1. Heal your gut.
You may have heard of the saying “you are what you eat”, when in truth it should be “you are what you digest and absorb”. And having a healthy gut is essential to allow your body maximum access to the nutrients you consume. When it comes to gut health, you really can’t beat bone broth. Rich in glutamine, collagen and gelatin, it is essential for facilitating digestion and for cell integrity and healing, especially of the gut wall. If you are vegetarian or vegan, look to a miso-based broth or glutamine in supplemental form.
2. Rebalance your gut.
Choosing nutrient-dense and diverse foods is essential for the health of your microbiome. At the same time, decreasing triggers that contribute to inflammation or leaky gut is essential. The number one culprit is refined sugar which can cause an increase of opportunistic bacteria in the gut, leading to bacterial infections, inflammation of leaky gut. Greek leaf stevia or monk fruit extract are great alternatives to refined sugar and can be used in any of your favourite recipes.
3. Feed your gut.
The trillions of beneficial bacteria that inhabit your gut must be fed to support their growth and development. These probiotics feed on prebiotic foods such as asparagus, artichokes, leeks and green banana flour, and resistant starch found in cooked and cooled white potato, sweet potato and basmati or white rice. Once you have established this you are ready to also add probiotic foods such as small amounts of sauerkraut, kimchi, kefir and kombucha.
4. Eat your greens.
Green vegetables are fantastic sources of both fibre and vitamin C. Fibre acts as food for our beneficial bacteria, allowing them to thrive and produce short-chain fatty acids such as butyrate. Butyrate has a natural anti-inflammatory effect on the gut, naturally supporting our immune heath. Vitamin C acts as an antioxidant and strengthens our gut barrier function against potential pathogens. Examples include leafy greens and cruciferous vegetables such as broccoli, kale and brussels sprouts - these are our key seasonal foods as they provide the extra immune benefits that we need in winter.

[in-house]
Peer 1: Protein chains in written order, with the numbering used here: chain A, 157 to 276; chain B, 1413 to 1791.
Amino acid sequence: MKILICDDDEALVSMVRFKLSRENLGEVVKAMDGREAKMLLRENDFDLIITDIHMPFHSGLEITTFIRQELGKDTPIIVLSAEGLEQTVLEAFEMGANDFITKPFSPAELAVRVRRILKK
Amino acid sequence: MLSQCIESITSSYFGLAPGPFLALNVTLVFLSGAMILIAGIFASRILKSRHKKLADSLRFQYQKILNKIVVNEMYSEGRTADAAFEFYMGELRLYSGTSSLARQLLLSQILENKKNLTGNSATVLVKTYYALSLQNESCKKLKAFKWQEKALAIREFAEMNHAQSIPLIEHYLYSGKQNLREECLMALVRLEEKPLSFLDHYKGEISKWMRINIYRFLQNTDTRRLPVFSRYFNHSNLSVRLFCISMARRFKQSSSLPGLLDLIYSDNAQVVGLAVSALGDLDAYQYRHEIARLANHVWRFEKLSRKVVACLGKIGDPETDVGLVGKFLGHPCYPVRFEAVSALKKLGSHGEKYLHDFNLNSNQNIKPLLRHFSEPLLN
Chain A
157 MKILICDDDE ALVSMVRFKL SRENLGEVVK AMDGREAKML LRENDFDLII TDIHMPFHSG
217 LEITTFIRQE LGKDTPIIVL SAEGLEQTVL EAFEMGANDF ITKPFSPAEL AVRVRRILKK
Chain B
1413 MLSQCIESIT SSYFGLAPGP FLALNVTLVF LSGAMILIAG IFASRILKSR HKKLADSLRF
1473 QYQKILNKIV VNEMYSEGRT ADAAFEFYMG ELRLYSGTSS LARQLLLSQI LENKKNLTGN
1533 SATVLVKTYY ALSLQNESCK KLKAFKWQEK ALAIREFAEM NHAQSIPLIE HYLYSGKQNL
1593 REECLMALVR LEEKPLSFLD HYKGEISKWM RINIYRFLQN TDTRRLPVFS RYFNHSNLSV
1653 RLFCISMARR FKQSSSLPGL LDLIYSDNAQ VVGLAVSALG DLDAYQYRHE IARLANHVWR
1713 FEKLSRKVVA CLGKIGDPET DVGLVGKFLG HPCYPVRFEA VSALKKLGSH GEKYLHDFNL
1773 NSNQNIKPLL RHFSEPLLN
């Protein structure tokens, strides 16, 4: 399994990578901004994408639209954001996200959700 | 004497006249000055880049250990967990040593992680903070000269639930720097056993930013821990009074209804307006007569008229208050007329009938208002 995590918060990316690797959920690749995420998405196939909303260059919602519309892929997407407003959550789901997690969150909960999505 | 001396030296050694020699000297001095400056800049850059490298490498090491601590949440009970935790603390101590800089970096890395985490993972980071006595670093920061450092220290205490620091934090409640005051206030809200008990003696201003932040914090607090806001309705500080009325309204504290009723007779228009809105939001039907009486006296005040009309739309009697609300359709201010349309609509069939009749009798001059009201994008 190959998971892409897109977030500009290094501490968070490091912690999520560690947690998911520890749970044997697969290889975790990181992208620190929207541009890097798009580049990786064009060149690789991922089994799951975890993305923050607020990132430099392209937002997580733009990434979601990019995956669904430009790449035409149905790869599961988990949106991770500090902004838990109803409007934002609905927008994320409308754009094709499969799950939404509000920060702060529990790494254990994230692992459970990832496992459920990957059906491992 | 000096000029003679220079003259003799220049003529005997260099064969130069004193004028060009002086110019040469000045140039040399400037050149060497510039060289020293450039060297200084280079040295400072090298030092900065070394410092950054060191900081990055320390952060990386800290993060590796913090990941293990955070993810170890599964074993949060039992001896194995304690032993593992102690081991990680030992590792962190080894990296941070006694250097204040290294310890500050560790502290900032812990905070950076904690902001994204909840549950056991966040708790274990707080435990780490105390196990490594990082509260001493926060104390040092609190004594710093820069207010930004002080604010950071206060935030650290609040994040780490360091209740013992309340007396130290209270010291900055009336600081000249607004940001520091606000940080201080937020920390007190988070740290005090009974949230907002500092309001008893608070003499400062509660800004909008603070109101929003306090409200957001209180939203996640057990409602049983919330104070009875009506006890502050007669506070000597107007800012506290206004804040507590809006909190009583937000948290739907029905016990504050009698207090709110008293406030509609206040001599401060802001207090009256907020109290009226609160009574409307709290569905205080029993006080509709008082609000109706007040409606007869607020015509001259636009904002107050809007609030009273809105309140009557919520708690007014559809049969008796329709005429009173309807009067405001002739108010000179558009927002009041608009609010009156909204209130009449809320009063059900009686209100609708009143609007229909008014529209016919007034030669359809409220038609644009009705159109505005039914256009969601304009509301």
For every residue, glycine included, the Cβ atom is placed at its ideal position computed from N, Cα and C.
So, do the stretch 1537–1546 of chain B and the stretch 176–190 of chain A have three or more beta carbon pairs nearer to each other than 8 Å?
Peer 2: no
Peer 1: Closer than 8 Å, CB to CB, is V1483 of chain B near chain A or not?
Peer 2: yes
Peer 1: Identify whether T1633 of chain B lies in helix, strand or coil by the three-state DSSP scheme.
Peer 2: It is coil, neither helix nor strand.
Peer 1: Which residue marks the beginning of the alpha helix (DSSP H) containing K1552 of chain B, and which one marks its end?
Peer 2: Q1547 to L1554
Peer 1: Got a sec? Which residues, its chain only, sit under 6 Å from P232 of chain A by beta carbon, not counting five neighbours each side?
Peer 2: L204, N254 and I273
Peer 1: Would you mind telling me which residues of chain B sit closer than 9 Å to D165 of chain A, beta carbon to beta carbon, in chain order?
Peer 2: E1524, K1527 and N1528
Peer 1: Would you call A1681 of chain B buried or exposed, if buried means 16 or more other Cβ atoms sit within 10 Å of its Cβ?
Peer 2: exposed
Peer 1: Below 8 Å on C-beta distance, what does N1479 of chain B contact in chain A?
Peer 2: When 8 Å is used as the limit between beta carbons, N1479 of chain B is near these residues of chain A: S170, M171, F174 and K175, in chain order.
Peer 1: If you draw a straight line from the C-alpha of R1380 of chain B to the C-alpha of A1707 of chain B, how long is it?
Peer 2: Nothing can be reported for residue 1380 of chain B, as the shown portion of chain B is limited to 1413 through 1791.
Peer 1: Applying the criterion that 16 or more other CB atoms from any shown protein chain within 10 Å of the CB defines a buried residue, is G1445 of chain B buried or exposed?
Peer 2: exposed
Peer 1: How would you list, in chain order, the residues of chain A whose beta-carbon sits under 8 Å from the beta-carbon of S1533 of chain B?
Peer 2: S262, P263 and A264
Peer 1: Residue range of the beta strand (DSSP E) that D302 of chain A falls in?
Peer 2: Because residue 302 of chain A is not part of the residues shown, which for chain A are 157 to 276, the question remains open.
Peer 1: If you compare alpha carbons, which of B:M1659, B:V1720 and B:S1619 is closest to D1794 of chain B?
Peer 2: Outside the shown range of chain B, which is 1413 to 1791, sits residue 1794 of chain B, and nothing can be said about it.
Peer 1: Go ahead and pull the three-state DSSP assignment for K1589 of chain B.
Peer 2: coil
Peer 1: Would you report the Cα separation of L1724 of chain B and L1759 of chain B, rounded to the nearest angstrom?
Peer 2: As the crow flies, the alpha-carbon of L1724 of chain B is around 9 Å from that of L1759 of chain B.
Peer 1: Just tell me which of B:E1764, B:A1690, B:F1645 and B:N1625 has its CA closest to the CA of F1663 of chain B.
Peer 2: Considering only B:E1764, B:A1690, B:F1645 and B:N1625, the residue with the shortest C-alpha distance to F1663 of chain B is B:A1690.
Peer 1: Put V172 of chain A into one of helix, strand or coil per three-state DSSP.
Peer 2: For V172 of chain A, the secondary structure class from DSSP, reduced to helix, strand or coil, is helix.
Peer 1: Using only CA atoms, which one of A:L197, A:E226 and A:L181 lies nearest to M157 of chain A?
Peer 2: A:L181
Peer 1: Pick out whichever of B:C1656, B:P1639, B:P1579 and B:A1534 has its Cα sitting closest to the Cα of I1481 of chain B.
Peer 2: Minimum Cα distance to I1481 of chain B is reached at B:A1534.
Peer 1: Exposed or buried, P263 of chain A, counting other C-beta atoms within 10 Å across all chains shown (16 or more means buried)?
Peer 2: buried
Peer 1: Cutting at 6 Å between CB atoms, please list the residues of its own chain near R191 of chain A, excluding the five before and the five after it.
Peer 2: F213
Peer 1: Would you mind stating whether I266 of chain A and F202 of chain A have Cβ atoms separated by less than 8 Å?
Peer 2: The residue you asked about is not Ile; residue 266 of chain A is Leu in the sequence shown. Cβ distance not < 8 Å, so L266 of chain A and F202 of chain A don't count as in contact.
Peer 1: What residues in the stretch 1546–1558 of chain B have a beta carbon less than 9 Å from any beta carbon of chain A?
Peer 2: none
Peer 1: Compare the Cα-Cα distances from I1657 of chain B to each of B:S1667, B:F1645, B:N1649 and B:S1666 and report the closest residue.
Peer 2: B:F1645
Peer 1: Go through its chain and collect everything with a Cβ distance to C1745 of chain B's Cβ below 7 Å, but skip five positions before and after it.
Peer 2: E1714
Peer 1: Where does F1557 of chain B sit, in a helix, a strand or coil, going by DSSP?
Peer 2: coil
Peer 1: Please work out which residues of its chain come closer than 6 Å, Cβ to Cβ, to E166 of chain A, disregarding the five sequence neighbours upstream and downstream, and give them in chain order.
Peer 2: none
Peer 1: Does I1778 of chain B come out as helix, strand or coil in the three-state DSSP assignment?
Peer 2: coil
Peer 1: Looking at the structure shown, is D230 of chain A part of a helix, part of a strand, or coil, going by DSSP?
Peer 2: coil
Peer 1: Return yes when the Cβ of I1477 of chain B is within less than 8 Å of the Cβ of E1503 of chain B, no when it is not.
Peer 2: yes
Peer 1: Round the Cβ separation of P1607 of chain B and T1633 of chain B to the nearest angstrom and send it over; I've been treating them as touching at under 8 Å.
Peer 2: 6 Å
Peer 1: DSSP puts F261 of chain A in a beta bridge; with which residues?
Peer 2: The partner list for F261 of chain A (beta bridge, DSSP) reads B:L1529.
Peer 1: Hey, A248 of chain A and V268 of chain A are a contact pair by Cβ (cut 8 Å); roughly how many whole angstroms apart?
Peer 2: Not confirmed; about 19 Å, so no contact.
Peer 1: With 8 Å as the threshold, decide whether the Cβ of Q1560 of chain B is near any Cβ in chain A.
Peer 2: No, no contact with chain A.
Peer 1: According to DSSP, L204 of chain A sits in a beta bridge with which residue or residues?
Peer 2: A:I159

5. Add spices.
Two incredible immune-boosting spices are turmeric and garlic. Turmeric is an ancient Ayurvedic spice and curcumin, the key compound in turmeric, has strong strong antibacterial effects. Garlic also offers amazing anti-inflammatory and immune benefits. Garlic is known as nature’s antibiotic and is one of the best natural ways to fight off infections. I personally love to combine them in a beautiful winter soup, such as my Creamy Vegetable Soup.
About Low Carb Healthy Fat Nutrition:
Steph Lowe's new book Low Carb Healthy Fat Nutrition is opposite of a typical "diet + lose weight" mantra. Instead, LCHF is a "real-food-only" lifestyle that Steph has been personally living and transforming the lives of clients for more than 10 years.